Shares up, dollar down
For a group who were supposedly big fans of the outgoing US President’s economic policy, investors are surprisingly gung-ho about the new guy. The anticipation, then the confirmation that Joe Biden will take over in January has sent US shares 9% higher in a week. It has not been much fun for the US dollar though.
A stack of assumptions is behind the “Biden bounce”. Biden will have a more balanced approach to international relations; his lack of an overall majority in Congress will constrain any temptation to increase corporate taxes and whip the big tech firms into line; a decrease in domestic tensions will improve the commercial environment; a more serious effort to control the tragic Covid-19 pandemic could bring positive economic results. There are nevertheless several uncertainties that pose threats to this utopia, not least the possibility that the outgoing president will follow a scorched earth strategy to make life difficult for his successor.
But those concerns are for tomorrow. Today the future is bright for investors, global risk-asset valuations are on the rise and safe-haven currencies are in retreat. The weakest of the lot over the weekend and in the Far East this morning was the USD, down by an average of 0.6%. In the penultimate slot, the JPY is 0.5% lower. Those two are also the laggards over the last week, down by 2.6% and 1.4%.
Biden and Brexit
The election of Biden comes at an awkward time for the UK government, with the final episode of Brexit scheduled to air in the midst of the US presidential transition. Questions are now being asked about the eventual details of the Internal Market bill, which goes to a vote in the House of Lords today.
Biden is not the only one to have criticised the bill as a threat to the Good Friday peace agreement but his objections carry more than the usual weight. If Britain does indeed end the year without an EU trade agreement, it will be more reliant than ever on cutting a deal with the United States. A hostile new president would not simplify those negotiations.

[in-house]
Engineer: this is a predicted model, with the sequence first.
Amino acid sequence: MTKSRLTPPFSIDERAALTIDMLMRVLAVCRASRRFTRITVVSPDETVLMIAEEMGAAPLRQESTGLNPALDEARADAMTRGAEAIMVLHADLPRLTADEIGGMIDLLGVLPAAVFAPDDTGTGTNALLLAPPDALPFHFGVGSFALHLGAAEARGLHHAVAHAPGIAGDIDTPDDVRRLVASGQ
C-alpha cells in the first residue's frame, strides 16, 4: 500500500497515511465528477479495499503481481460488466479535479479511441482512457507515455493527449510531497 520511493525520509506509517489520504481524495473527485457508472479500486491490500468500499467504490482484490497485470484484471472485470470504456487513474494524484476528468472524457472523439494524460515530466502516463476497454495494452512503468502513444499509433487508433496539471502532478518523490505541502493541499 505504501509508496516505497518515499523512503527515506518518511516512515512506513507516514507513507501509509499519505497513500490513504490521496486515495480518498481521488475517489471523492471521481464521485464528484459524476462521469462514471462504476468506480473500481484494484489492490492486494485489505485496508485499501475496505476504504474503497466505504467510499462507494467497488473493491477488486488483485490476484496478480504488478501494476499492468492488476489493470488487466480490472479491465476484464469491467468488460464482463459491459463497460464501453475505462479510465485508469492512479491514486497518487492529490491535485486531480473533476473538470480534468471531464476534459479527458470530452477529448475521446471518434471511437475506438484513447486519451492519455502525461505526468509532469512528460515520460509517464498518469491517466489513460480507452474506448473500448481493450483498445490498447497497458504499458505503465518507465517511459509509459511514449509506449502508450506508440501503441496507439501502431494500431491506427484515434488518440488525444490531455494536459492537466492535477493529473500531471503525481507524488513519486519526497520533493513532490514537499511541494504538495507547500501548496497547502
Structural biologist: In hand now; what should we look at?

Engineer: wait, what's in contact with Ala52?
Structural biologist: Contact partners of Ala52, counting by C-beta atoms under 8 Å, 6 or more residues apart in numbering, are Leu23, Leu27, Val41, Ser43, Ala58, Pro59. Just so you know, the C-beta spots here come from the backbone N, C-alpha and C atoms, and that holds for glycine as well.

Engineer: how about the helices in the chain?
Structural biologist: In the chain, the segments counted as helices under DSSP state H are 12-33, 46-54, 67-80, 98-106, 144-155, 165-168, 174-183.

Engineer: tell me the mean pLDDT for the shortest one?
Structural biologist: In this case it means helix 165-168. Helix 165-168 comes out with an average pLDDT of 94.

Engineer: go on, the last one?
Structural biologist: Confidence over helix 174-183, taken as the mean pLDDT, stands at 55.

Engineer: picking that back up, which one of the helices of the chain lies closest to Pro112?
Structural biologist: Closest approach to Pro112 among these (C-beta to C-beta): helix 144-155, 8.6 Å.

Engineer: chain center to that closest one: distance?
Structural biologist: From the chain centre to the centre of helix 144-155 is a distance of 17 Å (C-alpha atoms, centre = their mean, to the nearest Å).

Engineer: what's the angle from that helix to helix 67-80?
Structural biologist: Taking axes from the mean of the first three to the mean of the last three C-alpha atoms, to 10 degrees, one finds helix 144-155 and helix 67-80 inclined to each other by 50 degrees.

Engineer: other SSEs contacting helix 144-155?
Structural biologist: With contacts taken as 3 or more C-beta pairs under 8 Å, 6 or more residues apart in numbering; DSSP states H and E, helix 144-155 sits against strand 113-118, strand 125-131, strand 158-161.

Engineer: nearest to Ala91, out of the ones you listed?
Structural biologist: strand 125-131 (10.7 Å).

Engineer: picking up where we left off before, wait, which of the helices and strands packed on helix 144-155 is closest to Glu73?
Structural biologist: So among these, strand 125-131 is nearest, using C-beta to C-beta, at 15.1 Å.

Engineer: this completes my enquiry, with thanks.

In contrast with the Biden bounce, the Boris bomb is on the back burner for now, because there are bigger and more exciting events to occupy investors. On average, the GBP is very nearly unchanged from Friday morning, up by two thirds of a US cent and flattish against the EUR, CHF, CAD, AUD and NZD. The Northern Scandinavian crowns and South African rand occupied the podium this morning.
Whilst it would be an exaggeration to say Friday’s US employment report passed by unnoticed, it did not offer much of a distraction from the election count. It did, however, mean a pause to the dollar’s retreat.
Nonfarm payrolls increased by 638k in October and unemployment fell by a percentage point to 6.9. Both numbers beat the forecast. In Canada, the equivalent numbers were 84k and 8.9% and were softer than expected. The Loonie was unaffected.
At the weekend, Turkey’s President Recep Tayyip Erdogan fired the head of the central bank and accepted the resignation of Finance Minister Berat Albayrak, his son-in-law. The lira gapped 1.7% higher when it opened this morning, in anticipation that Turkish monetary policy will become less unconventional.